To the point & Out of the box

Starting scripts via Finder

These days I'm using scripting languages a lot. Especially Rebol. Further I use some pre-processing scripts to setup the environment for my scripts so that dynamic libraries etc. can found on different platforms. Working on Windows, Linux and OSX with the same scripts requires this.

On Windows it's quite "simple" because you can assign special commands to specific file-types. And these commands are shown if you right-click on a file. In my case I assigned a "pre-process" action with Rebol scripts. The command line looks something like this: . The last argument is provided via the famous %1 parameter reference syntax of batch files. The whole setup works very well.

On Linux I use a simple shebang line at the moment. Works to. I haven't thought about a generic way, because I mostly use Linux in non-graphic mode. But I think setting up a launcher script would help.

Next was OSX and I expected this to take just a couple of minutes to setup. WRONG! It really took me quite some time to fiddle together all parts. On OSX there is no way like on Windows where I can specify a command line to use as default action when a certain file-type is clicked in the finder.

Ok, my workaround is simple: Create a launcher script that can be associated with files of a specific filetype.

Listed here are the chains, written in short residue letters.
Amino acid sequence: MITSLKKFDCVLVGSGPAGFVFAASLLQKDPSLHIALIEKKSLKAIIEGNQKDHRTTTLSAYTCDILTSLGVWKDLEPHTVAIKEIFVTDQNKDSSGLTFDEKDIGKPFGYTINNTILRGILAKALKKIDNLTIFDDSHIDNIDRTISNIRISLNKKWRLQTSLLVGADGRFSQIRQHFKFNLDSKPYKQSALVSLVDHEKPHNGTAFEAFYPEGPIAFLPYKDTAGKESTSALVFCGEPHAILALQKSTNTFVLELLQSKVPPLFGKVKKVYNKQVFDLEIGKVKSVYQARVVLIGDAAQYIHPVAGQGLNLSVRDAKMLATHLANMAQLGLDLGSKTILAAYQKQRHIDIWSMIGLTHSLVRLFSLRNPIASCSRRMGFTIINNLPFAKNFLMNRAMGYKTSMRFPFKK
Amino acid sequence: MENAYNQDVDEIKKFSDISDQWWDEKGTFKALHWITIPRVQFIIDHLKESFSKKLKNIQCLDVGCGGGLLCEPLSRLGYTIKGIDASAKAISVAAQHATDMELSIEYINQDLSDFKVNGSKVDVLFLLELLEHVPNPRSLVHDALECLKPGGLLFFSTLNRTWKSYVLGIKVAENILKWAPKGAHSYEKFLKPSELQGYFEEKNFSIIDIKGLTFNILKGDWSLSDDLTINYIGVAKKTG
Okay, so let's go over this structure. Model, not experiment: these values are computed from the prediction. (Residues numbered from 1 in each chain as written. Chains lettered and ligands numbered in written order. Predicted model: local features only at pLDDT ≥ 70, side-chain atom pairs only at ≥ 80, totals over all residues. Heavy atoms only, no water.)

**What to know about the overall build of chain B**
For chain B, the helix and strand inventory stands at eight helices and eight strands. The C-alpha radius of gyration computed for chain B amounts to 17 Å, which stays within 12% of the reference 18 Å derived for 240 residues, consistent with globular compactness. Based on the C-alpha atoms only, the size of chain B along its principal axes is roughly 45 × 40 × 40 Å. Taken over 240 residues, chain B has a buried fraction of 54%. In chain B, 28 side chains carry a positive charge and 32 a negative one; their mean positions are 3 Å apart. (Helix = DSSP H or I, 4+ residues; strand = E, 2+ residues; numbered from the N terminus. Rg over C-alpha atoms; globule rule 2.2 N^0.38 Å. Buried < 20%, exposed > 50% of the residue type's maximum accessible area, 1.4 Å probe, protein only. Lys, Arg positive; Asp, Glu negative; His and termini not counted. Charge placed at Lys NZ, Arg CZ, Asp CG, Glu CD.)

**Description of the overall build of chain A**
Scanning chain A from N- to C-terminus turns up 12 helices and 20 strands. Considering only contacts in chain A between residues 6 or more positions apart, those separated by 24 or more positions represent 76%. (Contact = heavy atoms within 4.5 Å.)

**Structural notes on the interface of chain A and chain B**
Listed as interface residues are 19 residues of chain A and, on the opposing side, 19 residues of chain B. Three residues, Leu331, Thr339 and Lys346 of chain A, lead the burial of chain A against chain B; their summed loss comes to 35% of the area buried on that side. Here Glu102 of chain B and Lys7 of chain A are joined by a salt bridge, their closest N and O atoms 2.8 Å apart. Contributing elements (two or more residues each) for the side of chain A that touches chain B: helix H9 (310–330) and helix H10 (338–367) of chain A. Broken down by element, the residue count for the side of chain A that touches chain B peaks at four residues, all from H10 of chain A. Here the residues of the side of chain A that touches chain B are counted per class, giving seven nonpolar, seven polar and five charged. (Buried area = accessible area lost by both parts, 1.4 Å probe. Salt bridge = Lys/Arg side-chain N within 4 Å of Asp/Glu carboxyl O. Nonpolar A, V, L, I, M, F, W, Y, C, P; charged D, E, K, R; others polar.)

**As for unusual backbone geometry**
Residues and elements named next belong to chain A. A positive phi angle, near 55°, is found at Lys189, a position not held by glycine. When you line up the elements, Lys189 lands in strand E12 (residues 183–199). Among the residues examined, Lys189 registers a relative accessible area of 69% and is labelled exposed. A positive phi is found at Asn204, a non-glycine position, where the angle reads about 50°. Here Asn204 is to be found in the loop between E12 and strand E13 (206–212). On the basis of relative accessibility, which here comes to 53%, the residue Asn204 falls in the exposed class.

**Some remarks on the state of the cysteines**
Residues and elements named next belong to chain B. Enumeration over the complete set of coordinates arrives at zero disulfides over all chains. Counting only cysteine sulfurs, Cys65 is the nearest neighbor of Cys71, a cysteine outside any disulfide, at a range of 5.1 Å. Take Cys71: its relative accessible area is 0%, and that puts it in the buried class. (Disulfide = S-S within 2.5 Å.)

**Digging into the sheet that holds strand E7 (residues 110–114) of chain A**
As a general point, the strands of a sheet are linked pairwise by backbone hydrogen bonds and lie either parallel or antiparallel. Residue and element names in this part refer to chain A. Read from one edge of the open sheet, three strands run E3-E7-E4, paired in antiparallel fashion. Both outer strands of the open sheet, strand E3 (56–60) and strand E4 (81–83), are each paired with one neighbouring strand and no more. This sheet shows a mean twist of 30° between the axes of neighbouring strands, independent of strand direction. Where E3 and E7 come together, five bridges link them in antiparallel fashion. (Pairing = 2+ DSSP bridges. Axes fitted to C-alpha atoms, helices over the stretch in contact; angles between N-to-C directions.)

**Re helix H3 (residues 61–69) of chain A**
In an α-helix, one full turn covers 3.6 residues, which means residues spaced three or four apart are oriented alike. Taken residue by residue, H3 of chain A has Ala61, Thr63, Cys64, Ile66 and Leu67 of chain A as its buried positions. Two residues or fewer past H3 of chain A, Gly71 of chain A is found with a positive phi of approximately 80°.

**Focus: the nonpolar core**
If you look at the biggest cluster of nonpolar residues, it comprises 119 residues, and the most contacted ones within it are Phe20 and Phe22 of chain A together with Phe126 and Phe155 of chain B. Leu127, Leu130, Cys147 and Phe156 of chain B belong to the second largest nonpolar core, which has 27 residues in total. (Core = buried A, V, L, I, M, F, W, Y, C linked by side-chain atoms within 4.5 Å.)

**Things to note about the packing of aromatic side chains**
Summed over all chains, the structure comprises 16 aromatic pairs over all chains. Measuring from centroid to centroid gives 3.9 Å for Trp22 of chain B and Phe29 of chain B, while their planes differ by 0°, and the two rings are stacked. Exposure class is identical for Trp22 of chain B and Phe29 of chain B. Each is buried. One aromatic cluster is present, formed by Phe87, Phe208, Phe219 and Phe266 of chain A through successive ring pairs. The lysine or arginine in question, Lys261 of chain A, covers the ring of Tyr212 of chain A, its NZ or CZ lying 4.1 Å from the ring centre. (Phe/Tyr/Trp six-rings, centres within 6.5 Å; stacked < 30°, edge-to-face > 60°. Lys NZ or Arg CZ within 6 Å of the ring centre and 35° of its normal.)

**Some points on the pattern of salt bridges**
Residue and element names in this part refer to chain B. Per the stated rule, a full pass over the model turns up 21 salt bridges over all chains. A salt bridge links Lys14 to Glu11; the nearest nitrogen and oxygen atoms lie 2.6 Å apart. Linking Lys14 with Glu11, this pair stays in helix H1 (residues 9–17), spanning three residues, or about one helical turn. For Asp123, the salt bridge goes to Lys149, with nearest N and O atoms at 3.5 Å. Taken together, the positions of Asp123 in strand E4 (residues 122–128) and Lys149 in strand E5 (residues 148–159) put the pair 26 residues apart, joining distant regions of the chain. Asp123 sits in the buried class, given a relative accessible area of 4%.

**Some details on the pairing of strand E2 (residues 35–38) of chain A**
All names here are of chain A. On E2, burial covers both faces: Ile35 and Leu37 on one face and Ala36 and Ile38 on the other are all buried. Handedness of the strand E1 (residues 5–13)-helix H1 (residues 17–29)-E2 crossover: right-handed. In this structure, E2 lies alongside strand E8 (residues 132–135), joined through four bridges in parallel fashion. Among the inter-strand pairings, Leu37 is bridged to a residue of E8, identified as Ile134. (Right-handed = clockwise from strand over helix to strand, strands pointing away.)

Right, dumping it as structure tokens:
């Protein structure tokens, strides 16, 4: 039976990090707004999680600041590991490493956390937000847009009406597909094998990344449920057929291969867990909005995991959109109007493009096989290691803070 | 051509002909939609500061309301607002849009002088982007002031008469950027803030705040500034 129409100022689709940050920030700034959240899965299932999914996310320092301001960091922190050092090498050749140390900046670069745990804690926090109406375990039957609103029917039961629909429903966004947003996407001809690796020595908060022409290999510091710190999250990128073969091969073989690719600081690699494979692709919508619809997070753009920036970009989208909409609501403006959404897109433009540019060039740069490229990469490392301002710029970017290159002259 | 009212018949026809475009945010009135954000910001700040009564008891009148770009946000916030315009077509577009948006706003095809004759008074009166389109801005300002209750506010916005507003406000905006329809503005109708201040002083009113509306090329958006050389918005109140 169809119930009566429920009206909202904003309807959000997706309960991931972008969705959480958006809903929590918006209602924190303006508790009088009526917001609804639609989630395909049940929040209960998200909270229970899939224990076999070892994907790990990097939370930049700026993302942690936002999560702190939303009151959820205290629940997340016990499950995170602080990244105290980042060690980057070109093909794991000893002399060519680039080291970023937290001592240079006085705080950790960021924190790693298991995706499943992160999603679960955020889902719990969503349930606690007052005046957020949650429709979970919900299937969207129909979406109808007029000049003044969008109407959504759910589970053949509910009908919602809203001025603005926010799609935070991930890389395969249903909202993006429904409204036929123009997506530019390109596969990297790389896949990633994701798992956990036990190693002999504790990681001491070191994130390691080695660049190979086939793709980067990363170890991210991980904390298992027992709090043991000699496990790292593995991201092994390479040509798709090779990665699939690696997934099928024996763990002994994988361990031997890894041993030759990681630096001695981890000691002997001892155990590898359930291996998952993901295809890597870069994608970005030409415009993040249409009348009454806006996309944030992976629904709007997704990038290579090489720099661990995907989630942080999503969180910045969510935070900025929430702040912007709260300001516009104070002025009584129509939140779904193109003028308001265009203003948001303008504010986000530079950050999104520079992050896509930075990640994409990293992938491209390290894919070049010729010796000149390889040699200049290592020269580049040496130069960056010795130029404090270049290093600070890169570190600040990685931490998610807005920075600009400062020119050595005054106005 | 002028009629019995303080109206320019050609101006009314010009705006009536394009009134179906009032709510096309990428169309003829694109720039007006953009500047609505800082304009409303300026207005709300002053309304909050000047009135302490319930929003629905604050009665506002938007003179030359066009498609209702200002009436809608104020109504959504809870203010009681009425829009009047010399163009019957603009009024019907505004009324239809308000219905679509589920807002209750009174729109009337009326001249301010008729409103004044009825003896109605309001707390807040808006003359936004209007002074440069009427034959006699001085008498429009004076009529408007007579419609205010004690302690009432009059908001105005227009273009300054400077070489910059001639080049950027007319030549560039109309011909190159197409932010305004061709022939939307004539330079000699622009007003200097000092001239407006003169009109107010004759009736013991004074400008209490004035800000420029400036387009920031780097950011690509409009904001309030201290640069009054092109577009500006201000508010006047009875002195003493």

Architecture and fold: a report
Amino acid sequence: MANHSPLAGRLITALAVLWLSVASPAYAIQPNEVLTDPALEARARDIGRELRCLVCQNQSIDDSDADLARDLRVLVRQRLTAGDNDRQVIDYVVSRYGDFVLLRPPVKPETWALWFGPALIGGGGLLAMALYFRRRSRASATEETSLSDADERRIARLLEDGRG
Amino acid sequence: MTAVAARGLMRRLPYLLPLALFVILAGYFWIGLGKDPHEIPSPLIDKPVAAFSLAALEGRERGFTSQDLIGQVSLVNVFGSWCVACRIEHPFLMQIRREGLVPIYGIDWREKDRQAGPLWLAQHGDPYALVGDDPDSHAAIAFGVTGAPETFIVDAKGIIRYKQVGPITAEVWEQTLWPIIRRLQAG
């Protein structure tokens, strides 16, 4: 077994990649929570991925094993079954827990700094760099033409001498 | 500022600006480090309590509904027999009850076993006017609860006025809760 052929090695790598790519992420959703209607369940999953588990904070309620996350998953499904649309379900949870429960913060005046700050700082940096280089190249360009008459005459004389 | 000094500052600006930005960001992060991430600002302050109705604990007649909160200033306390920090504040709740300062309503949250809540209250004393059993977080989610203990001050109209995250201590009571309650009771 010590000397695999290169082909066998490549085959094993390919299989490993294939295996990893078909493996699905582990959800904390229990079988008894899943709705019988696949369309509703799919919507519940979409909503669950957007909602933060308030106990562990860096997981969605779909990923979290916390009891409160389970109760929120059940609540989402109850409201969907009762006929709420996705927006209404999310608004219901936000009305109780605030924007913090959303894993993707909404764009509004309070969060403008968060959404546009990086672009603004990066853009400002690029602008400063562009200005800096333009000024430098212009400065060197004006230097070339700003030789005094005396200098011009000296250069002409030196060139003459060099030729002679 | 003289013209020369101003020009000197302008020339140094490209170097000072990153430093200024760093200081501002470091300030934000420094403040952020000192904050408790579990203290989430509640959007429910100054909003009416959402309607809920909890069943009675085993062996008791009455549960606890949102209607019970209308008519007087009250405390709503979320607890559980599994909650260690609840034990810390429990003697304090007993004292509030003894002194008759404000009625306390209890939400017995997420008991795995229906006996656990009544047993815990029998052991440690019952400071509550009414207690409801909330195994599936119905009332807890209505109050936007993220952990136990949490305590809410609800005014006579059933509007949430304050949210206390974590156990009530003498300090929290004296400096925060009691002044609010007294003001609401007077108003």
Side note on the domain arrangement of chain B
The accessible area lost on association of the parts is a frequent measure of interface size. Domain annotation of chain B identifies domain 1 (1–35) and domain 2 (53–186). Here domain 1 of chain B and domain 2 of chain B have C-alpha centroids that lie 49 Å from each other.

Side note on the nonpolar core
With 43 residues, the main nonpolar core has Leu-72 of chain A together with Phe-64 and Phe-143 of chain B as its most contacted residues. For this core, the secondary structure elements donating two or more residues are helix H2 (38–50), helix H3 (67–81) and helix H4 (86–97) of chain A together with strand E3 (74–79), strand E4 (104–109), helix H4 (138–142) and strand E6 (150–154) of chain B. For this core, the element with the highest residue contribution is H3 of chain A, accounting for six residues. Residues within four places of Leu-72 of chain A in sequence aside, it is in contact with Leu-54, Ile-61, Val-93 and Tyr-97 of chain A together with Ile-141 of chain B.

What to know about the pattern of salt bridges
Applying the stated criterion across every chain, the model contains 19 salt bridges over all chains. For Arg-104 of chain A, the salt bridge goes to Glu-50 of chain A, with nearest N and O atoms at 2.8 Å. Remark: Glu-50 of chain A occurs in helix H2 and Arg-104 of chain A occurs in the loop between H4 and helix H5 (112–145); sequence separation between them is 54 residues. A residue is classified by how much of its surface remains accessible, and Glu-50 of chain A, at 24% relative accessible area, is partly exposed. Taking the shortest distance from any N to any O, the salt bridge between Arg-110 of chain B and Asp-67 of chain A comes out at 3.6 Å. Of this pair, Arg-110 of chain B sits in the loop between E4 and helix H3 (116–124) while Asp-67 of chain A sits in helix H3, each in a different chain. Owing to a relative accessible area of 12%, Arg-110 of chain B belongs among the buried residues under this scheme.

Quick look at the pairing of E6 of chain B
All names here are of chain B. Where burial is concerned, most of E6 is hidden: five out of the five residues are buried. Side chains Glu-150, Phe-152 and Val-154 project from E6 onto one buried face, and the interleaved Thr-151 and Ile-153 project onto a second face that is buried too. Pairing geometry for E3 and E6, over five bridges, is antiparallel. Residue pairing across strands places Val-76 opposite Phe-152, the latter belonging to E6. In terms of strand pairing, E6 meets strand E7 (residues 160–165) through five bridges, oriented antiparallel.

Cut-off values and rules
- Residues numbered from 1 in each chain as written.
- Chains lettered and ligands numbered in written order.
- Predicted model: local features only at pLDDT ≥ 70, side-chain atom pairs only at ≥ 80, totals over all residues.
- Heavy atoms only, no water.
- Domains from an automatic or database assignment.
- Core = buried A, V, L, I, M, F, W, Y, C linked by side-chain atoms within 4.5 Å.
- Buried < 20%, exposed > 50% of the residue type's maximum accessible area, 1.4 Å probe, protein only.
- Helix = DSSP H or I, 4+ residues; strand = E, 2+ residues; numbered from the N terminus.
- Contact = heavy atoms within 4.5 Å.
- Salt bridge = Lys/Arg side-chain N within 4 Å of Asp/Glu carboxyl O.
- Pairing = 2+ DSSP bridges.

But Problem 1: Finder doesn't know how to start shell scripts. I don't know why. There is a simple workaround to this, if you find it. Just rename your script from .sh to .command and Finder can start the script using the shebang line of the shell script.

Ok, I changed my script and I thought it now works. WRONG! It's not possible to associate a filetype with this kind shell script. Further it seems that the clicked filename isn't provided to the shell script via the common $1 syntax.

Back to start. Than I remembered AppleScript. From what I read it's quite powerful. So I took a look at it. After some hours getting my hands on it and finding what I need, I finally came up with the following simple launcher script.

on open input_file
set f to (POSIX path of input_file)
set p to do shell script "dirname " & f

tell application "Terminal"
do script "cd " & p & "; /usr/local/bin/interpreter /Volumes/MyDriver/MyDir1/MyDir2/my-preprocessing-script " & f

tell window 1
set size to {850, 450}
end tell

end tell
end open

Some comments on this:

  1. You have to save such a script as an "Application Bundle". This will give it an .app extension so finder recognizes it as application.
  2. This script, when saved as an app package, can now be associated with a specific filetype. After this you can start scripts from Finder.
  3. First I get the path to the script (variable p) because we need to change directories later, so that the script is executed in its home directory.
  4. The actual shell stuff is done in one call. First change directory, second start script.
  5. I change the window size to be bigger than default and finally active the terminal window.